If I were a pastor, I would try to exposit biblical passages in such a way that my sermons would illumine not only the text, but the world in which we live. I think such a “transposition” (what I have also called world-for-world translation) is every bit as important as the traditional “individual application.”
Many thanks to Kevin Vanhoozer for his thoughtful reply!
Is there anything else we would want to add or other ways to think about implementation?
What might “faith seeking understanding” mean when applied not only to the biblical text but to everyday life?
So begins Kevin Vanhoozer’s introductory chapter to Everyday Theology. In other words, what would it look like to interpret and make sense of everyday life theologically, understanding the “patterns and products” of culture then “embodying gospel truth in compelling ways in contemporary contexts”? Let’s begin with a definition of culture and its effects.
What Culture is and does
Vanhoozer defines culture as that which is “made up of ‘works’ and ‘worlds’ of meaning” (p. 26). Concerning works of culture, they are the products created with the raw material of nature he calls “cultural texts.” Desperate housewives, Newsweek, billboards, and the Broadway musical Rent are all cultural texts. Additionally, culture is a world in that these cultural texts aren’t inert. They create worlds of meaning and programs for making sense of life; they “invite us in and encourage us to make our home there.” Continue reading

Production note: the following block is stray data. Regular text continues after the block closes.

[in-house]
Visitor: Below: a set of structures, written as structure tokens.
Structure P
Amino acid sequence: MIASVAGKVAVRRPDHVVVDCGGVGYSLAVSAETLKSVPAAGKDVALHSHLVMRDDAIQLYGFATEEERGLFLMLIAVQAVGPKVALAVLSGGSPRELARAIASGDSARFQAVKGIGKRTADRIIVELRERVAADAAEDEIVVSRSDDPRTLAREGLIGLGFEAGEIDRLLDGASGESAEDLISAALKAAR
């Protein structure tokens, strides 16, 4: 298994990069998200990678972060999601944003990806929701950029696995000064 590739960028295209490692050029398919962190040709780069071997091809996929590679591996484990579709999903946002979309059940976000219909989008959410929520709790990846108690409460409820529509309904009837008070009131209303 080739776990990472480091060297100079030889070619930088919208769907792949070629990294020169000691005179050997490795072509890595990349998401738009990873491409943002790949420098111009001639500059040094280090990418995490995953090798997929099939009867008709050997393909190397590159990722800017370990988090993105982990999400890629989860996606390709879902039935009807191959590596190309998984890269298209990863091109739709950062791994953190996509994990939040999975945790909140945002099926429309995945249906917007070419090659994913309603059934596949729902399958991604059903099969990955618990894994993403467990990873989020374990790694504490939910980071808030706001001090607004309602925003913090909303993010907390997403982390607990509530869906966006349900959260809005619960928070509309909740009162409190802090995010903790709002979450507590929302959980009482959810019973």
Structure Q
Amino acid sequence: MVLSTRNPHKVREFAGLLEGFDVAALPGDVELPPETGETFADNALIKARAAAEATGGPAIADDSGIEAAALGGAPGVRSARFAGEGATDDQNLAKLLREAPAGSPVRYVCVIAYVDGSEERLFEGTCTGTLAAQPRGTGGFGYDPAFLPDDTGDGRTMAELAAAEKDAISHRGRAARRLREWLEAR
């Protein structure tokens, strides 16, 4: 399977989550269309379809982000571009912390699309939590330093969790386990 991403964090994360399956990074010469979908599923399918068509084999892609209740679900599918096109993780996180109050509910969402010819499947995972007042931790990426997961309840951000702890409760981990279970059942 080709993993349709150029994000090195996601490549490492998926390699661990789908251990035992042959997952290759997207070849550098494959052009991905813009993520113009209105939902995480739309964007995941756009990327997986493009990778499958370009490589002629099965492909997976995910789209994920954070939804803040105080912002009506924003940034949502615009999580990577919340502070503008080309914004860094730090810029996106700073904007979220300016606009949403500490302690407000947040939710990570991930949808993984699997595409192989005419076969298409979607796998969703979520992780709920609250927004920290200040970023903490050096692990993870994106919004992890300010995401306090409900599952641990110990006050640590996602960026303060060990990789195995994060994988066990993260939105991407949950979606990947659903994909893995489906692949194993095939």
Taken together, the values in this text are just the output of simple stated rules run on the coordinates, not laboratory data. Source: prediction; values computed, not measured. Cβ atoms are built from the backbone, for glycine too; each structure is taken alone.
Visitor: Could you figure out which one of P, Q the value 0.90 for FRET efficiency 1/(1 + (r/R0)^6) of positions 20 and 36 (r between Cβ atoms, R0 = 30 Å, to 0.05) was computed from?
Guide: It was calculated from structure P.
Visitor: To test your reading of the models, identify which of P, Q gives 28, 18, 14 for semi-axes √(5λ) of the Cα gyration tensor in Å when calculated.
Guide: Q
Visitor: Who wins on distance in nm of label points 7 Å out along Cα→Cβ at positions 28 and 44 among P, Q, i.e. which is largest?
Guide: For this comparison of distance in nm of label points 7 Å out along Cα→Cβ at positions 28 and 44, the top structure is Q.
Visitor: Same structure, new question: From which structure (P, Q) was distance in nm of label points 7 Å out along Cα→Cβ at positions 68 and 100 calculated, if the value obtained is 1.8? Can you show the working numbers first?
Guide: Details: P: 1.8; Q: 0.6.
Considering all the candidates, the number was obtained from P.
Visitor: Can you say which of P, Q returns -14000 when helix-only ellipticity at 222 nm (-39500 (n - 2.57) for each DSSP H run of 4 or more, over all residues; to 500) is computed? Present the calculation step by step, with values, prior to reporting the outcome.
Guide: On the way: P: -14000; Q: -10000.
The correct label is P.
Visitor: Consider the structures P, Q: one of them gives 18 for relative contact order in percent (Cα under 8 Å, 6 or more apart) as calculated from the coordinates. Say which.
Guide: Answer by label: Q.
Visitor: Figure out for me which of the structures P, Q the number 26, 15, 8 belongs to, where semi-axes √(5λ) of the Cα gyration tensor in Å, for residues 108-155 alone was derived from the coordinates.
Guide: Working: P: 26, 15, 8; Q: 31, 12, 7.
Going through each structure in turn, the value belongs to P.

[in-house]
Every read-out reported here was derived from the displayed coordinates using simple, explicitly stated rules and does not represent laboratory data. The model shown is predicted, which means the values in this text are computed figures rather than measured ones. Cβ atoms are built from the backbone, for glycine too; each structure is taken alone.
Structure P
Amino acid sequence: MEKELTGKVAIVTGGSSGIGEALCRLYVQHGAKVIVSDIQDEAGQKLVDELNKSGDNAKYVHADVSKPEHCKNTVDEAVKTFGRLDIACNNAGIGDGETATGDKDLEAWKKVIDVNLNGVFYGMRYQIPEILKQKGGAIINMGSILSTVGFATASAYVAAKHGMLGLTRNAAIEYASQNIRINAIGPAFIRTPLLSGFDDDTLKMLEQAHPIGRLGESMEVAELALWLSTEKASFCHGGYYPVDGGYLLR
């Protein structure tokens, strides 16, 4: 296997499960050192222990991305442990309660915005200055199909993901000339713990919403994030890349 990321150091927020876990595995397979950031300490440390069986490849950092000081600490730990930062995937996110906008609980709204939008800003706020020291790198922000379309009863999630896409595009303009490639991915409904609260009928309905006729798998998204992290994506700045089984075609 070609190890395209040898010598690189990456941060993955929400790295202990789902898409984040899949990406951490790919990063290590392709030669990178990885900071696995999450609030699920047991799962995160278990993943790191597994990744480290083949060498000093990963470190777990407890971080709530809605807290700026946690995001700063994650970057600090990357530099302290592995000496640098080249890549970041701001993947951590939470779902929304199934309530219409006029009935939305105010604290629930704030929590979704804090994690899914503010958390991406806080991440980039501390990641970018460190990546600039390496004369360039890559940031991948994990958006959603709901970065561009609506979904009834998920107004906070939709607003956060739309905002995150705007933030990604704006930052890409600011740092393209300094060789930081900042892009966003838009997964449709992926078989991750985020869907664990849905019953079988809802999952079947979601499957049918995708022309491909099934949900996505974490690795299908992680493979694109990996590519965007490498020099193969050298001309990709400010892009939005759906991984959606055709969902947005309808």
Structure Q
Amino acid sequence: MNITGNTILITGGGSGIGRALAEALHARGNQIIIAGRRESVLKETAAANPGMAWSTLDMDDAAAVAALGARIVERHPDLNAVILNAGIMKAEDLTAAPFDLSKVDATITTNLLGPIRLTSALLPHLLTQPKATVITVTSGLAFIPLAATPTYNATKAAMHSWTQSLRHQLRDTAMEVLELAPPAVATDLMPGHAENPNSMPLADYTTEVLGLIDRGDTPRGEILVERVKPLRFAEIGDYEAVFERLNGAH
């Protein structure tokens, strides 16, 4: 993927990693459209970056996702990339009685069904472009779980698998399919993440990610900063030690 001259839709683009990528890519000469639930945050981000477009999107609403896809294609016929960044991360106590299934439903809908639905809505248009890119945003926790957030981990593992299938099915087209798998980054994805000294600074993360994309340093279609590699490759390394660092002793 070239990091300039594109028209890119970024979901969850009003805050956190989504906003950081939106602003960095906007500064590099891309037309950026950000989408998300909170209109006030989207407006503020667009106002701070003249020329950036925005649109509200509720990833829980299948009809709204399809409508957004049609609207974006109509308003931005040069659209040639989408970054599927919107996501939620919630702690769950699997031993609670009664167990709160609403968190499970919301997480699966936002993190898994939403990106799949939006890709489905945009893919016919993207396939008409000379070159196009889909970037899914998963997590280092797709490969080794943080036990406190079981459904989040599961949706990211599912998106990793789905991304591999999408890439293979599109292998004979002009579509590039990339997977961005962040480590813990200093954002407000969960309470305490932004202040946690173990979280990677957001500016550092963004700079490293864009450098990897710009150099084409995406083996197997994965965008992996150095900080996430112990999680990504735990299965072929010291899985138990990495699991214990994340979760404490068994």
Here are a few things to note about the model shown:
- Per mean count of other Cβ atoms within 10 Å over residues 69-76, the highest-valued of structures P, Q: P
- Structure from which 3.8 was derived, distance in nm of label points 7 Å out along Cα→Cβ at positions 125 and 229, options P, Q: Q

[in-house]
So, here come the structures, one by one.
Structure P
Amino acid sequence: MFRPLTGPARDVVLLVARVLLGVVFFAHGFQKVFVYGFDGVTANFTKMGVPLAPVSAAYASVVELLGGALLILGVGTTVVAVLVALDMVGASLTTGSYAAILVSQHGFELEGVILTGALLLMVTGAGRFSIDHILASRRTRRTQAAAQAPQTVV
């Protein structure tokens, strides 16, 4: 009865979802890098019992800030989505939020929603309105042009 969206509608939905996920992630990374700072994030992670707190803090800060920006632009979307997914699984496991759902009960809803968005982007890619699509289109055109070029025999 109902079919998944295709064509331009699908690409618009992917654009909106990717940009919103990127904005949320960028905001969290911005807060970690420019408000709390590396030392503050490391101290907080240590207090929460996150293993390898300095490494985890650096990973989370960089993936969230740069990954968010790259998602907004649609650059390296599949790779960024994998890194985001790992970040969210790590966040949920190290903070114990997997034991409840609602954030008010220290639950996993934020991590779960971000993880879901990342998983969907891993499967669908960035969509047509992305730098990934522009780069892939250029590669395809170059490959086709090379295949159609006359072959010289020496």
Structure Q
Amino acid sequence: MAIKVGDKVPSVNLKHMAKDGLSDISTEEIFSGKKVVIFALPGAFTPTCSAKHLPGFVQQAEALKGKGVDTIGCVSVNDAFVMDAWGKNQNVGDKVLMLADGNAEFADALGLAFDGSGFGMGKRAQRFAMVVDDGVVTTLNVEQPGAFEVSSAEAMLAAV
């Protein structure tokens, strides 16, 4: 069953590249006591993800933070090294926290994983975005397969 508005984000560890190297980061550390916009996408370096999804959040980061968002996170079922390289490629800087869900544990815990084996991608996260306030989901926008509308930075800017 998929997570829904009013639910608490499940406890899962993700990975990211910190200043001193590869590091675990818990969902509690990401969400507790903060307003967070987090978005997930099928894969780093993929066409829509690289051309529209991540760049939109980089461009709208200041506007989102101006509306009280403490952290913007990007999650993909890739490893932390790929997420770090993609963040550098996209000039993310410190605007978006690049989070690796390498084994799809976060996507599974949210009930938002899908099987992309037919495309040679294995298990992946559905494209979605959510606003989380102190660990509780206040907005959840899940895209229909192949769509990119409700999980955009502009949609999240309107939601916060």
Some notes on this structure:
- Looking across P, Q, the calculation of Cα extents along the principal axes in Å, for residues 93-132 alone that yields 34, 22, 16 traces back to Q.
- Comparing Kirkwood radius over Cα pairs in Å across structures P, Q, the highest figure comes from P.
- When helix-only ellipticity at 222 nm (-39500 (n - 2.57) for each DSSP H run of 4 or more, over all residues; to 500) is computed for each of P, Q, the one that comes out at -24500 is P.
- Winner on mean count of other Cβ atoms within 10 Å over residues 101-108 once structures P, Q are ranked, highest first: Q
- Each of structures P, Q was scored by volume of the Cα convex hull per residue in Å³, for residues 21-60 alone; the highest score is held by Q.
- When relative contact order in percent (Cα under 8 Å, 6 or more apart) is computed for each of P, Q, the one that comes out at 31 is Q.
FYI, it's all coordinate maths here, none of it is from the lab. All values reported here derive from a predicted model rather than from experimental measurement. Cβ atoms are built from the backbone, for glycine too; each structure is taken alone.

There are few theological tasks so necessary and underdeveloped as helping to train the church to think theologically about the world around them.
Because of this, we have decided to blog through the book Everyday Theology: How to Read Cultural Texts and Interpret Trends (Baker Academic, 2007), one of the books in Baker Academic’s thoughtful “Cultural Exegesis” line. It is not only the task of cultural exegesis that we find particularly relevant, but the method and layout of the book that caught our attention.
Vanhoozer and the other collaborators seek to address the question:
“What might ‘faith seeking understanding’ mean when applied not only the biblical text (the Word) but to everyday life (the world)” (p. 16)?
In this sense, this book is an attempt to bridge the gap between the theologically acute (and often culturally dim-witted) and the culturally acute (and often theologically dim-witted).
Vanhoozer calls for a heightened “cultural literacy,” an ability to read culture for the purpose of “critical engagement” rather than merely “passive consumption” (p. 18). It is an attempt, in many ways, to help define and discern what this world is that we are called to be “in” but not “of.” For the purpose of the blog, we will choose chapters selectively, starting with the methodology Vanhoozer lays out in the introductory chapter, and then looking at specific examples we found particularly helpful.
We will be blogging through Everyday Theology starting Feb. 25th.